Video Game Addiction: Level 1

Standard

Video game addiction is a topic that flares up just about as often as the devastating Southern California wild fires. Which is to say that every year the words “video games” and “addiction” get tossed into the media blender. Unquestioningly accepted as truth, the case for video game addiction is built upon statements such as,  “My son plays My Little Pony’s Adventures in 128 Bit Land x-amount of hours, he must be an addict!” Is it fair though to compare video games to something as addictive as sex, drugs or alcohol? Take a look at the following DSM-IV (Diagnostic and Statistical Manual of Mental Disorders 4th edition) Diagnostic Criteria for Alcohol Dependence entry below:

A maladaptive pattern of alcohol use, leading to clinically significant impairment or distress, as manifested by three or more of the following seven criteria, occurring at any time in the same 12-month period:

1. Tolerance, as defined by either of the following:

a) A need for markedly increased amounts of alcohol to achieve intoxication or desired effect.

b) Markedly diminished effect with continued use of the same amount of alcohol.

2. Withdrawal, as defined by either of the following:

a) The characteristic withdrawal syndrome for alcohol (refer to DSM-IV for further details).

b) Alcohol is taken to relieve or avoid withdrawal symptoms.

3. Alcohol is often taken in larger amounts or over a longer period than was intended.

4. There is a persistent desire or there are unsuccessful efforts to cut down or control alcohol use.

5. A great deal of time is spent in activities necessary to obtain alcohol, use alcohol or recover from its effects.

6. Important social, occupational, or recreational activities are given up or reduced because of alcohol use.

7. Alcohol use is continued despite knowledge of having a persistent or recurrent physical or psychological problem that is likely to have been caused or exacerbated by the alcohol (e.g., continued drinking despite recognition that an ulcer was made worse by alcohol consumption).

Now, I can see how video game “addiction” can be compared to alcohol dependence. There are many similarities:

  • The Time Escalation Component: Where the gamer increases his gaming time as he becomes more engrossed in the game.
  • Withdrawal Symptoms: Especially from games that employ the “carrot on a stick” philosophy (“just have to get to the next level…”).
  • Gaming Culture: Checking out video game web sites through out the day. Reading the latest walkthrough and immersing oneself into the particular game’s community.
  • The Social Sacrifice: Family, friends and loved ones fall to the wayside as the gamer becomes more immersed in the game. This, in my opinion, is when things become a problem. The gamer has lost any sort of balance between the digital and the real. Welcome to the world of escapism.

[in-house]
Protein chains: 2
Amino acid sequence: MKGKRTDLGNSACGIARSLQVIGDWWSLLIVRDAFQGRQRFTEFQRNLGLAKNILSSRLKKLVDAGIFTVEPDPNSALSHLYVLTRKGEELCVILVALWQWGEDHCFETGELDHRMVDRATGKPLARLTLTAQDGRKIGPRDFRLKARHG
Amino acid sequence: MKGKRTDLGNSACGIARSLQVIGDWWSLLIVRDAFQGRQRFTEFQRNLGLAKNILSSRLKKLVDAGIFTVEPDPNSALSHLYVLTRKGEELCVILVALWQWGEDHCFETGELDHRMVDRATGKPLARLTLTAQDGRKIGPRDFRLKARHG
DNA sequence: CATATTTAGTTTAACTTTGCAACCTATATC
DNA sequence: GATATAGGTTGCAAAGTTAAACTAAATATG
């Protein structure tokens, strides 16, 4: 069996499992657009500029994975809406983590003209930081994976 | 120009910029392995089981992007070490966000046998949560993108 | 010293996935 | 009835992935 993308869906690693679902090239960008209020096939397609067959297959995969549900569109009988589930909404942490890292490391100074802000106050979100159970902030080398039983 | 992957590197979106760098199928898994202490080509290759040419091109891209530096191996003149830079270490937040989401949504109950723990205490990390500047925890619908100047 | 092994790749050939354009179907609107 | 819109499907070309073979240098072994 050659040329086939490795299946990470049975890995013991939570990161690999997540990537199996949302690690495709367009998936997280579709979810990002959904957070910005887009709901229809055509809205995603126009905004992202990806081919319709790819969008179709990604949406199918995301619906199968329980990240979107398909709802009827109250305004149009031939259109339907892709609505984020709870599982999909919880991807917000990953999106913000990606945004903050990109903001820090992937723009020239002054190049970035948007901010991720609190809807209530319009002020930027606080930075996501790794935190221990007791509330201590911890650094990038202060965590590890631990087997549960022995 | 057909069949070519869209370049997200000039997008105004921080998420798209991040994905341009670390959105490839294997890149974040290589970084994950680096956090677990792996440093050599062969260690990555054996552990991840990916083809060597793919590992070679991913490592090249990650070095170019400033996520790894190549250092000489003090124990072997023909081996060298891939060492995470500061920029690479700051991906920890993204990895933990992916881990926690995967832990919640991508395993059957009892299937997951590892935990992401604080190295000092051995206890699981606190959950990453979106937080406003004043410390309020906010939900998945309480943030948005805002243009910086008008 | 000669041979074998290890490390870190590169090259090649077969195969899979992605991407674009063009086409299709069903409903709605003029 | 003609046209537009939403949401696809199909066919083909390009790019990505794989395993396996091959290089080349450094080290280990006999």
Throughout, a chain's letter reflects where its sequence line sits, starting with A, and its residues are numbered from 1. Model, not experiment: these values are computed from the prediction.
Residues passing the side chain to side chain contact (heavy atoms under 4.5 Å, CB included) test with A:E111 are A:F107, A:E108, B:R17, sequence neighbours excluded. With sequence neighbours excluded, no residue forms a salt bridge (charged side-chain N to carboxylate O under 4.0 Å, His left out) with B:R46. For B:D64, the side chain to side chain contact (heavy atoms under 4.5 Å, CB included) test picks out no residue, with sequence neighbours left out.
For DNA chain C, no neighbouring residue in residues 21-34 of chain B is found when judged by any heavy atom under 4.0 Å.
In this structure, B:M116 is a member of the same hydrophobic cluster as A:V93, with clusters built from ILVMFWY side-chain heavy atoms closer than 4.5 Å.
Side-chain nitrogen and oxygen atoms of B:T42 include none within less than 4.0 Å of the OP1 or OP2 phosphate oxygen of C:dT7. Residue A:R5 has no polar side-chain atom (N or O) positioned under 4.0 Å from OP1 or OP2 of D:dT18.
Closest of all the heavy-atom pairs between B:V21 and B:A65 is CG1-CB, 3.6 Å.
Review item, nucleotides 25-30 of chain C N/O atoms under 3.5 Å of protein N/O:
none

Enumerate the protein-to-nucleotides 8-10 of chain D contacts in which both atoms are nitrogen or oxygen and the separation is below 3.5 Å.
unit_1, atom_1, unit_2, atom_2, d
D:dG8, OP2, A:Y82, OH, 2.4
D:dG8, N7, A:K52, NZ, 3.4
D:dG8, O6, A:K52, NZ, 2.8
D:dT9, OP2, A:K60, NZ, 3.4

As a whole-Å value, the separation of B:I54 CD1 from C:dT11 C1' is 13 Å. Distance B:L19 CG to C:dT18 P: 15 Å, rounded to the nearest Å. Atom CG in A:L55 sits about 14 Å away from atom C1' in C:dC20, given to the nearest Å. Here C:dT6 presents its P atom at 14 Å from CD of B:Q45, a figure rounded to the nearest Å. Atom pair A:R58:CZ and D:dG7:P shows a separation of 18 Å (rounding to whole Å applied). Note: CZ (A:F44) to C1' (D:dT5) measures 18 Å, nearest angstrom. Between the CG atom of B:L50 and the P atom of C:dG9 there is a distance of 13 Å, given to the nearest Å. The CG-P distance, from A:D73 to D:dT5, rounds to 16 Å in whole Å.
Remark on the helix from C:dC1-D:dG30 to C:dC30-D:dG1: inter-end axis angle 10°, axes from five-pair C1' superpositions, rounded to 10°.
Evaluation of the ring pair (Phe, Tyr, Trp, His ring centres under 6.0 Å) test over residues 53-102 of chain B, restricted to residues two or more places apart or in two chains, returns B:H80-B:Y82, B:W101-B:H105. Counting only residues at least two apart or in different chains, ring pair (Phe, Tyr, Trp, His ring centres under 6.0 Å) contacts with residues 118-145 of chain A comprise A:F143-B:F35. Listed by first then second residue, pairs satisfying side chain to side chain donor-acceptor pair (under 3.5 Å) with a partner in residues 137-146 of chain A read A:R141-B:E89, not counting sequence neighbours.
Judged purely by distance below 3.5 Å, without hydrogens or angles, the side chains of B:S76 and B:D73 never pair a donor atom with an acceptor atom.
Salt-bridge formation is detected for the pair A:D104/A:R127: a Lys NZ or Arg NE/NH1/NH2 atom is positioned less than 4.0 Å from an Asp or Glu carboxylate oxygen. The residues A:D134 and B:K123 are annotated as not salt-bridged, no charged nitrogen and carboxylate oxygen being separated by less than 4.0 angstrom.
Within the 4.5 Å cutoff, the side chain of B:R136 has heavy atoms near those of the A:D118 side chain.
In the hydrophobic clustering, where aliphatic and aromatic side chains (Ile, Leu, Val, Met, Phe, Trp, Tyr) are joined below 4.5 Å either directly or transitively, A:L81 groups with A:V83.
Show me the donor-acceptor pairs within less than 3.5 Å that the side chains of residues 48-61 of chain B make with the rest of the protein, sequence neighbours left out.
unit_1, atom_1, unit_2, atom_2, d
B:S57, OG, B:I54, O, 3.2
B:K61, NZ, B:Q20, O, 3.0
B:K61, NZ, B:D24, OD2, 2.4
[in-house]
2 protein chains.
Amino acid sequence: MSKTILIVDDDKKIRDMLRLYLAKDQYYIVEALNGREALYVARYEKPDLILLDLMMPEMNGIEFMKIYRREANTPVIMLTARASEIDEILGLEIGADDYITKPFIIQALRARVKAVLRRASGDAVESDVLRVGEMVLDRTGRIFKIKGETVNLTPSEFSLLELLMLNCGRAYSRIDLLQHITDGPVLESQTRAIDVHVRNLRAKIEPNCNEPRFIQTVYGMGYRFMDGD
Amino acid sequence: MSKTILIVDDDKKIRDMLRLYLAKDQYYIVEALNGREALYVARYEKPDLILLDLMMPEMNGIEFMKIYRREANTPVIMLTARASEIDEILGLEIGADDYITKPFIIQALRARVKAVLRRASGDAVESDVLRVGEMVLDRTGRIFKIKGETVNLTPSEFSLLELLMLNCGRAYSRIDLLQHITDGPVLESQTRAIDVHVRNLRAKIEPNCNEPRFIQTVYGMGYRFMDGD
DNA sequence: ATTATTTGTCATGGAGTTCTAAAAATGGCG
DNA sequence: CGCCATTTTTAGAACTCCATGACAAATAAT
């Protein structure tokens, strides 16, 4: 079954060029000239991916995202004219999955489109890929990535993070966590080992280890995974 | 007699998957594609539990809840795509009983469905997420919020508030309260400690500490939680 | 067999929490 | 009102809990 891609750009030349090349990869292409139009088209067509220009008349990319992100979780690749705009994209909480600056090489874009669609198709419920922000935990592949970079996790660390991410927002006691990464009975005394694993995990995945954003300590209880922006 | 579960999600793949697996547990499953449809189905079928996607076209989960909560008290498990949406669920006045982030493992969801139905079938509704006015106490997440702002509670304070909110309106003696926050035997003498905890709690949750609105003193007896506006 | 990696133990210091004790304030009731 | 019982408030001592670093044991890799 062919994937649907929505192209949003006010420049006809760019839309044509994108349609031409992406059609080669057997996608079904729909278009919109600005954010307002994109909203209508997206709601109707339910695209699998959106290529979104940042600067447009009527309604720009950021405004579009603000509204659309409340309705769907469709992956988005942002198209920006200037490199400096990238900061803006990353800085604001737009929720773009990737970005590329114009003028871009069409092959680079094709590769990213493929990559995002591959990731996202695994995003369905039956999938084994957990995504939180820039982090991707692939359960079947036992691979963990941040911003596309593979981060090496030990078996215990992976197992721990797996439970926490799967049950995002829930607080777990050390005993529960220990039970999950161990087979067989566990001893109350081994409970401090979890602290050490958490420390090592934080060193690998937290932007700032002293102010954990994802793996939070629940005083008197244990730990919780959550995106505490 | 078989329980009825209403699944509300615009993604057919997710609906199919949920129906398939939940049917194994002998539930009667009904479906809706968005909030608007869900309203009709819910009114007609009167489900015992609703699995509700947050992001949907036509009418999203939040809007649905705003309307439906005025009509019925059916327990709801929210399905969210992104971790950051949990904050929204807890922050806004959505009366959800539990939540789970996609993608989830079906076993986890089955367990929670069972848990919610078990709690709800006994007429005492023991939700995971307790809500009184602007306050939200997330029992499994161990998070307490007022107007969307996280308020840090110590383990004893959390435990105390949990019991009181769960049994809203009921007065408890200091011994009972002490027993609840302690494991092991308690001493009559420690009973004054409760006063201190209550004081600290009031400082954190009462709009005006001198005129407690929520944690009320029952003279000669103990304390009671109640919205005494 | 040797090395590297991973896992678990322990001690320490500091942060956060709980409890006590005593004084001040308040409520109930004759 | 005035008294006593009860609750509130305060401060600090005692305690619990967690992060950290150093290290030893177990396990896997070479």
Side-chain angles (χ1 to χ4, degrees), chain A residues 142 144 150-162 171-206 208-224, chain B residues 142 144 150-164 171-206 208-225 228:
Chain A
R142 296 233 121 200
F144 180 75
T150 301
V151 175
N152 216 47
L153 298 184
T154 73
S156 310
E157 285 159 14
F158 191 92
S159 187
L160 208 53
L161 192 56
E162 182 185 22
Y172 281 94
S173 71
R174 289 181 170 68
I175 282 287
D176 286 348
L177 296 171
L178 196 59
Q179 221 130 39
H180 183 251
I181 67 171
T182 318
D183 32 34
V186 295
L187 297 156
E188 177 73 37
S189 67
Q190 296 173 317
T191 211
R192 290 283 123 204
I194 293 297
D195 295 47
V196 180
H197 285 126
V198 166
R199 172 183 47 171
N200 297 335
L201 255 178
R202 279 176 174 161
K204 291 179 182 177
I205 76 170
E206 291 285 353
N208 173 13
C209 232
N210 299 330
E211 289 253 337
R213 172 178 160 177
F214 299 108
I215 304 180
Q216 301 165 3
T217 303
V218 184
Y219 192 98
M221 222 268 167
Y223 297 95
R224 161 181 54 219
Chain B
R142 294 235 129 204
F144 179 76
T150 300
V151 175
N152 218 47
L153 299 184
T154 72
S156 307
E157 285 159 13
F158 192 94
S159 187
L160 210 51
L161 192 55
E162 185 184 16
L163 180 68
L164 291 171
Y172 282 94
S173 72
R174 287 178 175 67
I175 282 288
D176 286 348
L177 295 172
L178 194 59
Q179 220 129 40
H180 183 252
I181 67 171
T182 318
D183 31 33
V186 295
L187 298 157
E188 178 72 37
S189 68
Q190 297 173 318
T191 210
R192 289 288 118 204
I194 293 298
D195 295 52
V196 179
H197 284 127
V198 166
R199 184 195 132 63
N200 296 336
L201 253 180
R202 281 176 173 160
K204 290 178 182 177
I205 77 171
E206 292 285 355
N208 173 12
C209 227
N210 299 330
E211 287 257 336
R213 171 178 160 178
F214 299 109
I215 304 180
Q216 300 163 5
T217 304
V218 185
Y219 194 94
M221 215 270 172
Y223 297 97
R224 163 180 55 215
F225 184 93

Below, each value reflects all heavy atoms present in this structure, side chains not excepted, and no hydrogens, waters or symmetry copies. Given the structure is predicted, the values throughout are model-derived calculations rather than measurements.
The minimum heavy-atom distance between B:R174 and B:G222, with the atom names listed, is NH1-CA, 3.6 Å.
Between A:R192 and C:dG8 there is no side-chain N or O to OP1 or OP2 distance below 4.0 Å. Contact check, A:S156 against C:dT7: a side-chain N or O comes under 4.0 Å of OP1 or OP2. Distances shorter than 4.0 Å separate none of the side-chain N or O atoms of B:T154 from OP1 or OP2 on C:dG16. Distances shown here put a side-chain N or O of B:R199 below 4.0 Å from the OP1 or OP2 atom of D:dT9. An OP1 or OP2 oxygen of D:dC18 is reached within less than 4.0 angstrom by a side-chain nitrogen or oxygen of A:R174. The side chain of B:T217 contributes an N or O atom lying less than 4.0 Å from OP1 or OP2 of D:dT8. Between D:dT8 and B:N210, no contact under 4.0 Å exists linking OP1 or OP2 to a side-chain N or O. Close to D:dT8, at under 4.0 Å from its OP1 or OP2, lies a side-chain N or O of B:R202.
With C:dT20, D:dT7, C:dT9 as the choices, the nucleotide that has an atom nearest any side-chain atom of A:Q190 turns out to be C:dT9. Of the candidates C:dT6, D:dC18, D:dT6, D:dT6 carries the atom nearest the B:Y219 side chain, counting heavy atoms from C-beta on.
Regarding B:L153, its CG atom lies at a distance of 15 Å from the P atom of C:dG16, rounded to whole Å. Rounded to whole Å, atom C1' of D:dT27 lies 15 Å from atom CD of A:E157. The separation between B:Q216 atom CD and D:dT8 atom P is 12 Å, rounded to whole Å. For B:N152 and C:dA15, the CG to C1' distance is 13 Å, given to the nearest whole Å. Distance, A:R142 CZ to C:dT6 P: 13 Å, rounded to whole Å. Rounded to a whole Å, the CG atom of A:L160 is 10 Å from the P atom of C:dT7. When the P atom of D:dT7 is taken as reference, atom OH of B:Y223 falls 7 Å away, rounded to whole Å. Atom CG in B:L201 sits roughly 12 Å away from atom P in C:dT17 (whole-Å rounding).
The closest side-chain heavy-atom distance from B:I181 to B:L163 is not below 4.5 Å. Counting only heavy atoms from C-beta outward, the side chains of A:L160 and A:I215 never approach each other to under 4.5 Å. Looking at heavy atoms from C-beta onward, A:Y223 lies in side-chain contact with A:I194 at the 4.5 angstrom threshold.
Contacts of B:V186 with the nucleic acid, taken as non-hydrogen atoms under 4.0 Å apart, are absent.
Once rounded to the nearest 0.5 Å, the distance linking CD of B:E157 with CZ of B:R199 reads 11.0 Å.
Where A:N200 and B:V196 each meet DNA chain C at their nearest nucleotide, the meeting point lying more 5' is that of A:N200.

What do you think?

  • Are video games and alcohol on the same level?
  • Do we overuse the word addiction?
  • Is this a matter of what society deems acceptable?
  • Could you apply what was written above to your favorite hobby?

Leave a comment below and let me know.

Advertisements

4 thoughts on “Video Game Addiction: Level 1

  1. I think that we certainly overuse the word addiction in our society. I also believe that, given the right circumstances, a person can become addicted to almost anything. However, these are very rare and extreme cases. For example, if I spent three weekends in a row playing nothing but Skyrim, declining to go out with my friends, neglecting to do my laundry, failing to do whatever else is necessary, I’m probably just really into a game and procrastinating. Eventually, the shiny new-ness will wear off and I’ll step back out into the light. However, someone who forsakes everything to play a game, may be an addict. Someone who skips out on work frequently, loses their job, declines in health, ignores their friends/family when they try to say something, or just plain ignores real life constantly in favour of the game is probably addicted in some manner.

  2. I agree, I think there is a difference between having a hobby and being addicted to something. If there is no difference, then anyone with a hobby or that has been consumed by the “evils” of sports needs serious help. Thanks for the comment and stopping by!

Leave a Reply

Fill in your details below or click an icon to log in:

WordPress.com Logo

You are commenting using your WordPress.com account. Log Out / Change )

Twitter picture

You are commenting using your Twitter account. Log Out / Change )

Facebook photo

You are commenting using your Facebook account. Log Out / Change )

Google+ photo

You are commenting using your Google+ account. Log Out / Change )

Connecting to %s